Garden structures can come in a range of sizes, suitable for different budgets and cultivation setups. There are three general types of garden structures:
· Tiered standing units
· Open units
· Enclosed units
Tiered standing units
These units are most appropriate for beginners – they are small, movable, easy to setup, and handle a smaller number of plants. Prebuilt unit costs range between $30-$100 depending on size and material type. There is very little climate control and irrigation systems that can be used because of the small size, so one of the drawbacks is the more active care in maintaining the right conditions for the plants inside.
These units are larger versions to the tiered standing units, allowing internal access (able to walk-in). These units are constructed from clear plastic or shadecloth like other structure types but differ in having large open (or predominantly open) vents or doorways to maximise air flow. Open units’ range in price starting from around $300 – $700. Positioning and placement of open units needs to be carefully considered because unlike tiered units that are movable, open units do not offer great protection from the elements.
These units are the largest, most expensive option but also the most viable for the experienced gardener – and are generally the typical representation of a ‘greenhouse’. Greenhouse variations often come with 6-10mm Polycarbonate structural support, while shadehouses can be constructed from traditional metal poles. Depending on the size and whether the unit is a shadehouse or greenhouse greatly influences the cost. Some common sizes are priced at:
Many units are available up to 14m wide x 14m long (with the upper price range nearing $9,000) but can also be customised to a specific size. These units are ones which can (and often are) be kitted with irrigation and/or temperature control systems – both of which can add up to a further $2,000 to the overall cost.
There are a range of suppliers available to source materials, equipment, kits, or prebuilt structures from including these notable ones:
Australian company which supplies and delivers greenhouse units and DIY kits, and other greenhouse products including materials and equipment. They offer customisable dimensions / specification options on selected products. This company is completely online but is also contactable on 1300 651 671
Australian company based in Western Australia offering national delivery and installation of greenhouse units, products or specialised controlled environment systems.
Contact 1800 006 711
Australian company providing installation, support and servicing for commercial greenhouses. Sites located in Queensland, Victoria, New South Wales, South Australia and Tasmania.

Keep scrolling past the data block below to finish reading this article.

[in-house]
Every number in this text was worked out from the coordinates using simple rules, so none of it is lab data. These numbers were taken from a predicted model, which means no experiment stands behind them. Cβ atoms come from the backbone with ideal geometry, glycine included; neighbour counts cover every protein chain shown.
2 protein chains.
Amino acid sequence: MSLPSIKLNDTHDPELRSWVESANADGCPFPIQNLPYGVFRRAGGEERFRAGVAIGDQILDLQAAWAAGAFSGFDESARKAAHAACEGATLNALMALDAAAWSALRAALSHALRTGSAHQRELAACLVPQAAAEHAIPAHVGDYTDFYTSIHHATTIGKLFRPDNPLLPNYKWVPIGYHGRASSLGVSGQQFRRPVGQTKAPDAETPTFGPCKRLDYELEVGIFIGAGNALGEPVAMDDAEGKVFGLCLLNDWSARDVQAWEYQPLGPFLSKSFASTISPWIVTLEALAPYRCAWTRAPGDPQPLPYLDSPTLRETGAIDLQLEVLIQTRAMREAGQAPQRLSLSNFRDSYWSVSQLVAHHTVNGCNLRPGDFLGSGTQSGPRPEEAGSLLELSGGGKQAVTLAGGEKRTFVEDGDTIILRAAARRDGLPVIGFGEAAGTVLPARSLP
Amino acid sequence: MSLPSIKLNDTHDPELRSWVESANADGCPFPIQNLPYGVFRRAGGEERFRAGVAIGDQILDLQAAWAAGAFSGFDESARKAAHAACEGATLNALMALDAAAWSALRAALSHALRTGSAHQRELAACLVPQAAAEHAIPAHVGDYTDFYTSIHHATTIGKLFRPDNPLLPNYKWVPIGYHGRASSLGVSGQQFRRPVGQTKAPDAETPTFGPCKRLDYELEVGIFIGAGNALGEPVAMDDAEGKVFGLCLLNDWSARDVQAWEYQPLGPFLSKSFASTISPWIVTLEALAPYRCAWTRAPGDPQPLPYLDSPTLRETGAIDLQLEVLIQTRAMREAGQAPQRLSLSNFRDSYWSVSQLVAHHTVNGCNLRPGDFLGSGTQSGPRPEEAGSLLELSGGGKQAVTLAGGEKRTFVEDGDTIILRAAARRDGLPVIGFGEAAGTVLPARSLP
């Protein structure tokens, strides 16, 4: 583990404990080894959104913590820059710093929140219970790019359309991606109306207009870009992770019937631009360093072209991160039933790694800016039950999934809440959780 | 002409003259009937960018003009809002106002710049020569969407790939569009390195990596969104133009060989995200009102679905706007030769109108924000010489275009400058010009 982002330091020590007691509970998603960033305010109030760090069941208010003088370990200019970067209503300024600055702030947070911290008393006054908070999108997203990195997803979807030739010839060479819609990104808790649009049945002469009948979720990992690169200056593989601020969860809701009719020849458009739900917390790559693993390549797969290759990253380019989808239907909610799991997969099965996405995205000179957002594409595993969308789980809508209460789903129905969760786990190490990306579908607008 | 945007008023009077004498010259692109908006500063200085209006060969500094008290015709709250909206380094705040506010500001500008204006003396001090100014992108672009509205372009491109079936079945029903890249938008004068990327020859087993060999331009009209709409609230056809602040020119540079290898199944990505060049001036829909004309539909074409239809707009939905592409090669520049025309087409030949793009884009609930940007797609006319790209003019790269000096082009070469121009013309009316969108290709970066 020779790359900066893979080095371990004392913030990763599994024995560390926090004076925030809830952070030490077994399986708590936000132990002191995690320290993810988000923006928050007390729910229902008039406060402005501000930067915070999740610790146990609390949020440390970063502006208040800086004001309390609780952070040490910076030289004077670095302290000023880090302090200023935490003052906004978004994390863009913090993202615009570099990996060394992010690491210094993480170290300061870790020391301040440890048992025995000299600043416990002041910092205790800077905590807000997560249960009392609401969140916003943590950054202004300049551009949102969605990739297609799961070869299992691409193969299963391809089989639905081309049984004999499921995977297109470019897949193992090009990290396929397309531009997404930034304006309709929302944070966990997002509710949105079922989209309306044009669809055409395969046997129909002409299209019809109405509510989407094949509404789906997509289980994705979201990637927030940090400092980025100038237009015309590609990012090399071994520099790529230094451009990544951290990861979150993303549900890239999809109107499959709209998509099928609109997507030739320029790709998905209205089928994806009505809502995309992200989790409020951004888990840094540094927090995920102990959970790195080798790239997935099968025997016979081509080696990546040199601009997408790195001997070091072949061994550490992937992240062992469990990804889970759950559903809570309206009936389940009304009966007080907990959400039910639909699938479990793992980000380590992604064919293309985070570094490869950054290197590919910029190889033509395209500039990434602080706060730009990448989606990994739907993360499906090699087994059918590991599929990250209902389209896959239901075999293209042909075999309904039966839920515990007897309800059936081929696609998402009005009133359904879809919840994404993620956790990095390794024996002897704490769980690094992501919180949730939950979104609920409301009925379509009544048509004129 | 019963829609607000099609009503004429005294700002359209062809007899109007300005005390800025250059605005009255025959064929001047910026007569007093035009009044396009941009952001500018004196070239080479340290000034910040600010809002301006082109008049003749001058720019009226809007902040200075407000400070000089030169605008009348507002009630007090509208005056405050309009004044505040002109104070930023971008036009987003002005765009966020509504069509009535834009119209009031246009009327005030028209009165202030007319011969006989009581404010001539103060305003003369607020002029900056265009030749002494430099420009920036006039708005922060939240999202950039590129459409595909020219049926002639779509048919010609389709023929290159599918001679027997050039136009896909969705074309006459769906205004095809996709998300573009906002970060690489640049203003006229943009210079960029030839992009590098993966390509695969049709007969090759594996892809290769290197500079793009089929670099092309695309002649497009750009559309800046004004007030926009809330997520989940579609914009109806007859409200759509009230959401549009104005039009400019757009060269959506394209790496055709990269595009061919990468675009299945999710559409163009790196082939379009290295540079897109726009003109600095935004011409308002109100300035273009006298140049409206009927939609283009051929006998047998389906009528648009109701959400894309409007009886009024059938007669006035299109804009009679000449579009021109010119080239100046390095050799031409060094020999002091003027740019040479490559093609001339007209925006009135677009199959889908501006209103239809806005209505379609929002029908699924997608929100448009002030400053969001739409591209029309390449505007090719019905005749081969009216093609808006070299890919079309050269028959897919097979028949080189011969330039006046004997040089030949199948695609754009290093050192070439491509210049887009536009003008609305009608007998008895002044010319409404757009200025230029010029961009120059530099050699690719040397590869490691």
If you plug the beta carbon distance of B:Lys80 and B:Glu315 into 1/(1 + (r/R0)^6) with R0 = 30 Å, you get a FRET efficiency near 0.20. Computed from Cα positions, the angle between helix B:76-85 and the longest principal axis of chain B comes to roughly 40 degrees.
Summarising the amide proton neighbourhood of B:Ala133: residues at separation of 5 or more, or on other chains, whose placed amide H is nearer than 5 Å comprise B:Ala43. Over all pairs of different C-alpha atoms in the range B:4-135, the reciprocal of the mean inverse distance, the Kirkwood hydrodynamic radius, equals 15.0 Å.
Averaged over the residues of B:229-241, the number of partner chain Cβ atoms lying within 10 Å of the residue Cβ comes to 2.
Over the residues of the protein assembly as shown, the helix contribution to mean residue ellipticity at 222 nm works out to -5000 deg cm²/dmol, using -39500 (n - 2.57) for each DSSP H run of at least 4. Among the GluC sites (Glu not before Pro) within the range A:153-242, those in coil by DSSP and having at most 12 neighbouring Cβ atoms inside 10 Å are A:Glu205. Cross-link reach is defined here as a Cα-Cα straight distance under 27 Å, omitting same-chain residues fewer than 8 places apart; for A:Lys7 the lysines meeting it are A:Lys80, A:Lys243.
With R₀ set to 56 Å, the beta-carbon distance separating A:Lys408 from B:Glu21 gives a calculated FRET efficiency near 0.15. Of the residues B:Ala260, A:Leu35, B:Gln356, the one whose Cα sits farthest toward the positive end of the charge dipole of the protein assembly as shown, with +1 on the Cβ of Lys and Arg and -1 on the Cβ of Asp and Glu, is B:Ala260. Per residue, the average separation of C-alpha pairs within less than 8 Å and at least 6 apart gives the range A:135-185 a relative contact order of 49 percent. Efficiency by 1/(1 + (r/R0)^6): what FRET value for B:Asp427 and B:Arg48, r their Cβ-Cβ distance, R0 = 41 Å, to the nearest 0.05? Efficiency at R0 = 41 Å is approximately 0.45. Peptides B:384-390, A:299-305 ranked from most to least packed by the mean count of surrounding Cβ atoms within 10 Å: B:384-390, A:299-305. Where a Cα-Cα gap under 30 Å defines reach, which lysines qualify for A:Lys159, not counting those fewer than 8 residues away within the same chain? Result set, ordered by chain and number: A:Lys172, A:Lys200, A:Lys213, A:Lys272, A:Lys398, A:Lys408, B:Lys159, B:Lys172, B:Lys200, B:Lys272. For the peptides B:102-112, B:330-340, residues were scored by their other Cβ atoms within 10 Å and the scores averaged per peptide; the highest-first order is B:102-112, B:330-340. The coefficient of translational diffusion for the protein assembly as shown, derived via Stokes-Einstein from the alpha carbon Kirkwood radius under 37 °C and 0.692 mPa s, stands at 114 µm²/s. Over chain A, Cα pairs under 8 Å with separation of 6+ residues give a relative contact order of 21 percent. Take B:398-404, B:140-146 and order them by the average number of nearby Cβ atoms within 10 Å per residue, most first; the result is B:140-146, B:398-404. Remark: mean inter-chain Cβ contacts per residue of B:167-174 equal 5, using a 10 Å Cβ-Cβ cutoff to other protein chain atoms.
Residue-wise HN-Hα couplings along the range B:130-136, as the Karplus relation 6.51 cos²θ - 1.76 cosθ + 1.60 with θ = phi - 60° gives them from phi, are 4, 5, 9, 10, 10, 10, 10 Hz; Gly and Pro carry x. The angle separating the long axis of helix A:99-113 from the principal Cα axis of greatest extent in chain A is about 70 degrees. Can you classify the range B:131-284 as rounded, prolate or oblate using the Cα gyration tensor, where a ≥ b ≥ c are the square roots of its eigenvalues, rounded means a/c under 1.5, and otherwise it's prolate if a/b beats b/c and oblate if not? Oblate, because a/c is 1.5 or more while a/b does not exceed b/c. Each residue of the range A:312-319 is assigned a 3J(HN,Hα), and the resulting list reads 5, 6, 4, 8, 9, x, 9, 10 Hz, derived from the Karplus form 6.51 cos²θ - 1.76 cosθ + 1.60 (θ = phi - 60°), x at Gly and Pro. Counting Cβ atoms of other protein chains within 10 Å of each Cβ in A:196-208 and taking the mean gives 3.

Thousands of stores available across each State/Territory with a large accessible online catalogue. Products are suited to basic-budget, DIY projects or advanced kits for the more experienced gardener, with prices averaging $50 – $4,000.
Things to be mindful of
Pests & Diseases
Regardless of garden structure choice, there is no guarantee of total protection from horticultural pests and diseases. It is important to consider appropriate prevention and treatment measures to protect each plant.
Maintenance & Upkeep
No greenhouse or other garden structure should be left without regular care and maintenance. Particularly with enclosed greenhouses where moisture builds up – pools of condensed water can create rusting, tears, or allow mosquitoes and other insects to breed. Similarly, undisturbed decomposing debris and soil can house beetles and other pests which will target the plants. Regular cleaning of the structure can reduce these issues.
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Chen, A. (2019, July 1). Difference between shade and green houses? Clear up the confusion here. Retrieved from C-Mac Industries Pty Ltd: https://www.cmac.com.au/blog/difference-shade-green-houses-which-suit-plants
Greenhouse Emporium. (2019, April 12). 42 Easy tp Grow Greenhouse Plants for Beginners. Retrieved from https://greenhouseemporium.com/blogs/greenhouse-gardening/easy-to-grow-greenhouse-plant/
Landera. (n.d.). Blog (Articles abour our products). Retrieved from https://www.landera.com.au/blog/
Queensland Building and Construction Commission. (n.d.). Greenhouses. Retrieved from https://www.qbcc.qld.gov.au/greenhouses
Vinje, E. (n.d.). Greenhouse Gardening 101. Retrieved from Planet Natural Research Center: https://www.planetnatural.com/greenhouse-kits/
Volente, G. (n.d.). Best Vegetables to Grow in a Greenhouse. Retrieved from Greenhouse Today: https://www.greenhousetoday.com/best-vegetables-to-grow-in-a-greenhouse/
Waterworth, K. (2019, July 16). Best Greenhouse Plants: Good Plants To Grow In A Greenhouse. Retrieved from Gardening Know How: https://www.gardeningknowhow.com/special/greenhouses/plants-for-greenhouses.htm
Wendy. (2019, November 24). Make your own greenhouse – a microclimate in your backyard. Retrieved from my green australia: http://www.mygreenaustralia.com/make-your-own-greenhouse-a-microclimate-in-your-backyard
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The Griffith University Social Impact Projects address five significant social justice issues faced by vulnerable communities. Expanding on the work done by Project Safe Space, and Project Open Doors, the Griffith University Social Impact Projects bring Community Partners, students and the University together to work collaboratively in the innovative solution design sprints. Initially designed to address Mental Health and Wellbeing of Griffith students, we soon realised this was a much larger issue intersecting across a number of social justice issues for students and the wider community. The Social Impact Projects aim to contribute in some small way to improving these social issues.